Pork And Broccoli Stir-Fry

Lard sandwiches. They don’t sound very tasty to me, but lard is actually lower in saturated fats than butter and contains none of the trans fats found in most margarines. Of course, in the Great Depression people didn’t eat lard sandwiches for the health benefits. They ate them because lard was cheap. They trimmed the pork roast before it went into the pot, rendered the fat to make lard and used the lard to make sandwiches.

Cooks like my grandmother and mother also used the lard to make biscuits and pie crusts and saved bacon grease to fry potatoes or season vegetables. They didn’t do it because bacon grease happens to be really great for frying potatoes or because lard makes good biscuits and crusts. They did it because they couldn’t afford to waste food.

Things were tough for millions of families during the 1930’s and my mother’s family was no exception. When my grandmother developed tuberculosis and went to the sanatorium in Eau Claire, Wisconsin, my mother became the family cook and learned to make lard sandwiches.

Even as a girl she was willing to experiment in the kitchen. She told me that her onion lard and apple lard sandwiches were popular. I don’t remember eating any, but my father said Mom’s apple lard sandwiches were delicious, so I may have eaten them without knowing what they were. When I asked how she made them, she told me that she just chopped an apple, fried it in lard and mashed it to make a spread. It’s possible that when I thought I was eating apple butter it was really apple lard.

I don’t remember Mom making apple peel jelly or chicken foot soup (two other recipes popular in the Great Depression), but she didn’t waste very much food. She taught me to enjoy the core from the cabbage she chopped to make boiled dinner and fed any bad outer leaves to the chickens. She never threw away a potato or apple just because it had a bad spot. Jerri’s mom had the same thrifty habits. Our mothers cut away the damaged parts and used the rest, and we do the same today.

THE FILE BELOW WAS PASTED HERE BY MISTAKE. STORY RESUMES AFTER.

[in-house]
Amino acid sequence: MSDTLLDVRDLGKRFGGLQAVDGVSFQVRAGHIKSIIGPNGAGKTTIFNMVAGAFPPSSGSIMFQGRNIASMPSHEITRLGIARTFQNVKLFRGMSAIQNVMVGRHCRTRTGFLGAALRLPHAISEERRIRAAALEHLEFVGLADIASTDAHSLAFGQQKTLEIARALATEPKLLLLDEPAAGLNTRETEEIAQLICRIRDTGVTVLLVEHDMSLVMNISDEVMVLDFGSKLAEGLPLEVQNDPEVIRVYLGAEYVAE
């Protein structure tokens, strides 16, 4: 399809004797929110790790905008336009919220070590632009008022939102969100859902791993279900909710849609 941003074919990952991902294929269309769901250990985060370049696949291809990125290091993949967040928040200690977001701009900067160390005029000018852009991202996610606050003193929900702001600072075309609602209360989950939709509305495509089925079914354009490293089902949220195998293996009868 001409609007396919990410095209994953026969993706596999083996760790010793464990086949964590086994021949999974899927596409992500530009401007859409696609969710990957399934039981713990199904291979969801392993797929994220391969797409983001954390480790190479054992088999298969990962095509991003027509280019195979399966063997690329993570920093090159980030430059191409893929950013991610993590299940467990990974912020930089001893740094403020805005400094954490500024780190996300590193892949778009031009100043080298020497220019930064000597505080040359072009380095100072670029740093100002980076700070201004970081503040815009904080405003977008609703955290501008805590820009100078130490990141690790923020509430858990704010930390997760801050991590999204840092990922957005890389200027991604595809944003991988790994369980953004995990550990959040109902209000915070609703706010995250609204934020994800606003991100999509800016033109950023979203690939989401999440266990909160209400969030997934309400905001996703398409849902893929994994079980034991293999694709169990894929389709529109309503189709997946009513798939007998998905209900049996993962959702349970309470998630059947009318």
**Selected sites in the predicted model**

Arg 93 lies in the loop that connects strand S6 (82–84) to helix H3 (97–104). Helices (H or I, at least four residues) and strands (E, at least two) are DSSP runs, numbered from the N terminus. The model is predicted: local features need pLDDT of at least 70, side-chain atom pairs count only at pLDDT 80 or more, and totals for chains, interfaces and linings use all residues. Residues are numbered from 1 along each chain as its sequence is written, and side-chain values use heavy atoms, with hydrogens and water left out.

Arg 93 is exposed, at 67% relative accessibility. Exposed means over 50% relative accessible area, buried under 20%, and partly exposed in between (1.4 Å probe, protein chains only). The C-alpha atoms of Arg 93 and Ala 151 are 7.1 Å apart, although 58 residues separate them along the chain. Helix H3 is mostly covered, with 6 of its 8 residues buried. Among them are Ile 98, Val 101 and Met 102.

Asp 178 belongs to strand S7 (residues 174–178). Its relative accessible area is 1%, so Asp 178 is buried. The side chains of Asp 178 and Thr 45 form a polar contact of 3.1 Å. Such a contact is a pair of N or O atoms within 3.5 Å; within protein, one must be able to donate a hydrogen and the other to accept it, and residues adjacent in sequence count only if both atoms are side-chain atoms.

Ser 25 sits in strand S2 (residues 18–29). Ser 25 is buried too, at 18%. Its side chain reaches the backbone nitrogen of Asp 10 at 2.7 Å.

Americans waste a huge amount of food. According to a 2015 study by the Natural Resources Defense Council, forty percent of harvested food in the United States is now wasted. That amounts to 35 million tons each year worth $165 billion dollars or over $2,000 per family. Jerri and I waste some food, of course, but our mothers trained us well. For instance, we use the thick stems from the broccoli that some people throw away. Good chefs use those stems too. They don’t throw out something that costs over a dollar a pound and tastes good.

Broccoli florets are the unopened flowers on the head of the broccoli. The small stems and flower buds are tender and cook very quickly. The large stems taste just as good as the florets but they are tougher and take a little longer to cook. Just follow the recipe below and add them a few minutes before you cook the florets.

This stir fry is delicious for dinner and the leftovers make a tasty lunch the following day. We warm them in the microwave. No need to waste anything!

INGREDIENTS:

1 lb. lean boneless pork
1 T vegetable oil
1 large or 2 medium garlic cloves
1/8 tsp. dried chili pepper flakes
4 cups fresh broccoli
1/2 red bell pepper
1/2 green bell pepper
1/2 lb. mushrooms
3-4 scallions
3/4 cup water
3/4 tsp. instant chicken bouillon
1 T cornstarch
2 T oyster sauce
1 T soy sauce
1/2 tsp. minced fresh ginger
1 cup white rice
2 cups water
1/2 tsp. salt
Black pepper (optional)

PROCEDURE:

First prepare the ingredients. Slice the pork into quarter inch strips about an inch and a half long and set them aside in a bowl. Peel and mince the ginger and add it to the meat.